Any constructive comments are appreciated, such as how to improve this, or if something simply doesn't make sense and needs clarification. Just because it works in my head doesn't mean the words on paper translated the concept I envision correctly.
I have made some edits, based on comments and things that I thought needed clarifying otherwise.
Alternate Death and Dying Rules
These alternate rules apply to humanoids and goblinoids, and due to complexity over standard rules are reserved for only PCs, important NPCs, and main villains with other humanoid mooks and cannon fodder enemies using standard rules. Outsiders, elementals, magical beasts, aberrations, undead, plants, animals, vermin, and constructs use their standard D&D rules in regards to death and dying.
A creature has a number of negative hit points equal to its CON modifier * level, unless this total is less than 9. A creature with at least 1 CON has a minimum of 9 negative hit points. For the purposes of these rules, 0 HP is treated as if it is a negative value but does not count as part of the negative HP total. (i.e., if a character is supposed to have a max of 15 negative HP their hp can go to -15 and still be alive.)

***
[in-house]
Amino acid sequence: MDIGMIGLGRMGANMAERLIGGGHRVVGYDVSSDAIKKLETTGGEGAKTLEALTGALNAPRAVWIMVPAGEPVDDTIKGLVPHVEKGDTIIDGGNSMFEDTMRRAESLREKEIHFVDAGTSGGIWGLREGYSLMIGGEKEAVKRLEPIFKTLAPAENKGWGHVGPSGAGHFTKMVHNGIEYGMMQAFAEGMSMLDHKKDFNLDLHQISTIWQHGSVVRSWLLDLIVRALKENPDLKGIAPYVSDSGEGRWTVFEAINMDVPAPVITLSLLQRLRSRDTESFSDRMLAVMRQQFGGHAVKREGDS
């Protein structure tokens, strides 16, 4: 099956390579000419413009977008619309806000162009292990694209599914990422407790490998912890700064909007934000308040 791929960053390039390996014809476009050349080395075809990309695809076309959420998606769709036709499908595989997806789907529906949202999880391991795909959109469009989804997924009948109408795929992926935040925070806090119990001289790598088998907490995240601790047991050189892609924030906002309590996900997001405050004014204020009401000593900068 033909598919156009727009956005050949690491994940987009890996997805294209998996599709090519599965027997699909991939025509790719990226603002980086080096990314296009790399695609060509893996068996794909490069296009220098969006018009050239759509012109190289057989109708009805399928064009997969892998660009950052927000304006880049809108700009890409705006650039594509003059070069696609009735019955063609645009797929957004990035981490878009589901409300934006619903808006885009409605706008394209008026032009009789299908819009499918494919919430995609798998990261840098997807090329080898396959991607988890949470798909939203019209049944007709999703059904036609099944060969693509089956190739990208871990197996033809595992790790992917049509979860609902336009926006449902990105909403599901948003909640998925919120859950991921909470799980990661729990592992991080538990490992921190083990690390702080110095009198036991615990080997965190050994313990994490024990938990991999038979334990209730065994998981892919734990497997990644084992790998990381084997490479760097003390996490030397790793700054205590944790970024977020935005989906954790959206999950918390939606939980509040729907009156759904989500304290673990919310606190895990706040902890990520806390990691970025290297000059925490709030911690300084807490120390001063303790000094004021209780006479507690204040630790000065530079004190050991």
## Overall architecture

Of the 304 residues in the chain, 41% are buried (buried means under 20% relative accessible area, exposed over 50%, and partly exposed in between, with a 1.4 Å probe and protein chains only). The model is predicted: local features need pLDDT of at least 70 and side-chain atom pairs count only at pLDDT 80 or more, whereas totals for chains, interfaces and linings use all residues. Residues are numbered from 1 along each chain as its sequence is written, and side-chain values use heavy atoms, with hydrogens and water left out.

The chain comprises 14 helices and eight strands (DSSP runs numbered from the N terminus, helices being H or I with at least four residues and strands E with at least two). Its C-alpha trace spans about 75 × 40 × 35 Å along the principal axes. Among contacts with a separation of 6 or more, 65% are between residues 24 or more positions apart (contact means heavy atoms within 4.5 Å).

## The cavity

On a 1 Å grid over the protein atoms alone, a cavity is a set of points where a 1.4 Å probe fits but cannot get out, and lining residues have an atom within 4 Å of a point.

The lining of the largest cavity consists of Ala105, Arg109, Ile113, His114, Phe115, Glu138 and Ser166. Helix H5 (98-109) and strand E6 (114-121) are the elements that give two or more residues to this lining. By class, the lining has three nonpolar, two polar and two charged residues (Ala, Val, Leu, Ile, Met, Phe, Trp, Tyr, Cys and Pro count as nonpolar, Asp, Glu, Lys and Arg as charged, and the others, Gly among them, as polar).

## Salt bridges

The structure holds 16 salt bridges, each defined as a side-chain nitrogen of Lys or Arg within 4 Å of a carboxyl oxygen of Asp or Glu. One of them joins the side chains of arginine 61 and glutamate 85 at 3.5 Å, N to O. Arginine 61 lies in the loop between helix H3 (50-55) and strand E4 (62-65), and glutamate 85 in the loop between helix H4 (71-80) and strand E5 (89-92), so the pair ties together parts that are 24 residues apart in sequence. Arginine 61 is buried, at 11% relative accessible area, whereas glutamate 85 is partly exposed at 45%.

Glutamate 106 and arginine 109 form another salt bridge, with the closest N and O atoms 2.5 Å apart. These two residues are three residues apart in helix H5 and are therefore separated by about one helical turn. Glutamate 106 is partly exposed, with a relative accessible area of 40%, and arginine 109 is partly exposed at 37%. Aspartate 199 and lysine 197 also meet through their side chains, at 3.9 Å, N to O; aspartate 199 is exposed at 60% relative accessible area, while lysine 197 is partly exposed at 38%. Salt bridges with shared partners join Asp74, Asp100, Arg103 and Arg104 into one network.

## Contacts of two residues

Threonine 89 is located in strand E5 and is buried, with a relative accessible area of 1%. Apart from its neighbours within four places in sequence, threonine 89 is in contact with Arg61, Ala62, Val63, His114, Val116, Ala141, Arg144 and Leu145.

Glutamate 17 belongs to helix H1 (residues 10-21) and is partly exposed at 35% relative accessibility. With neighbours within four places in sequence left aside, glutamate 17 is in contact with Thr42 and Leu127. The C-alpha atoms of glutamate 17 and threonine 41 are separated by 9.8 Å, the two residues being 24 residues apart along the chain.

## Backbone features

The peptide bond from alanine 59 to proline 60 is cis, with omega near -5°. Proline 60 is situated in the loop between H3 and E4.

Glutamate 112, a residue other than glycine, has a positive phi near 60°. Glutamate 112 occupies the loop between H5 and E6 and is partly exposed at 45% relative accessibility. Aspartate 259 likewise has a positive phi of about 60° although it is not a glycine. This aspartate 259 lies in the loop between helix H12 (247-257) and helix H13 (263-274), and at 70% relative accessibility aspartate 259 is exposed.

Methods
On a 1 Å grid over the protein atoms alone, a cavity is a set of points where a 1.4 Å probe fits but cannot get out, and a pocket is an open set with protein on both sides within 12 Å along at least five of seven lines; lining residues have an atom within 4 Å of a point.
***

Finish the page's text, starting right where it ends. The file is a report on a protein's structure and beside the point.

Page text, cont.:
Health states are recognized as the following:
Normal: 1 HP to total HP
Injured: (1/2 negative HP total, rounded down) to 0 HP
Crippled: max negative HP to (1/2 negative HP total, rounded down, minus 1)
Dead: below max negative HP
10th level fighter with 16 CON and average HP
total HP: 89
injured: -15 to 0
crippled: -30 to -16
1st level wizard with 12 CON:
total HP: 5
injured: -4 to 0
crippled: -9 to -5
Health states and their meaning:
Normal: No penalties. As a character's HP approaches 0, they become visibly more tired and suffer superficial scrapes and bruises, but nothing debilitating. Damage to the positive HP isn't "real" damage, it's an indication of the character becoming winded and less able to guard against real damage. A higher level character has more HP simply because they're better adept and experienced at turning what could be a mortal blow to a lower level character into a glancing one that still hurts but isn't life-threatening.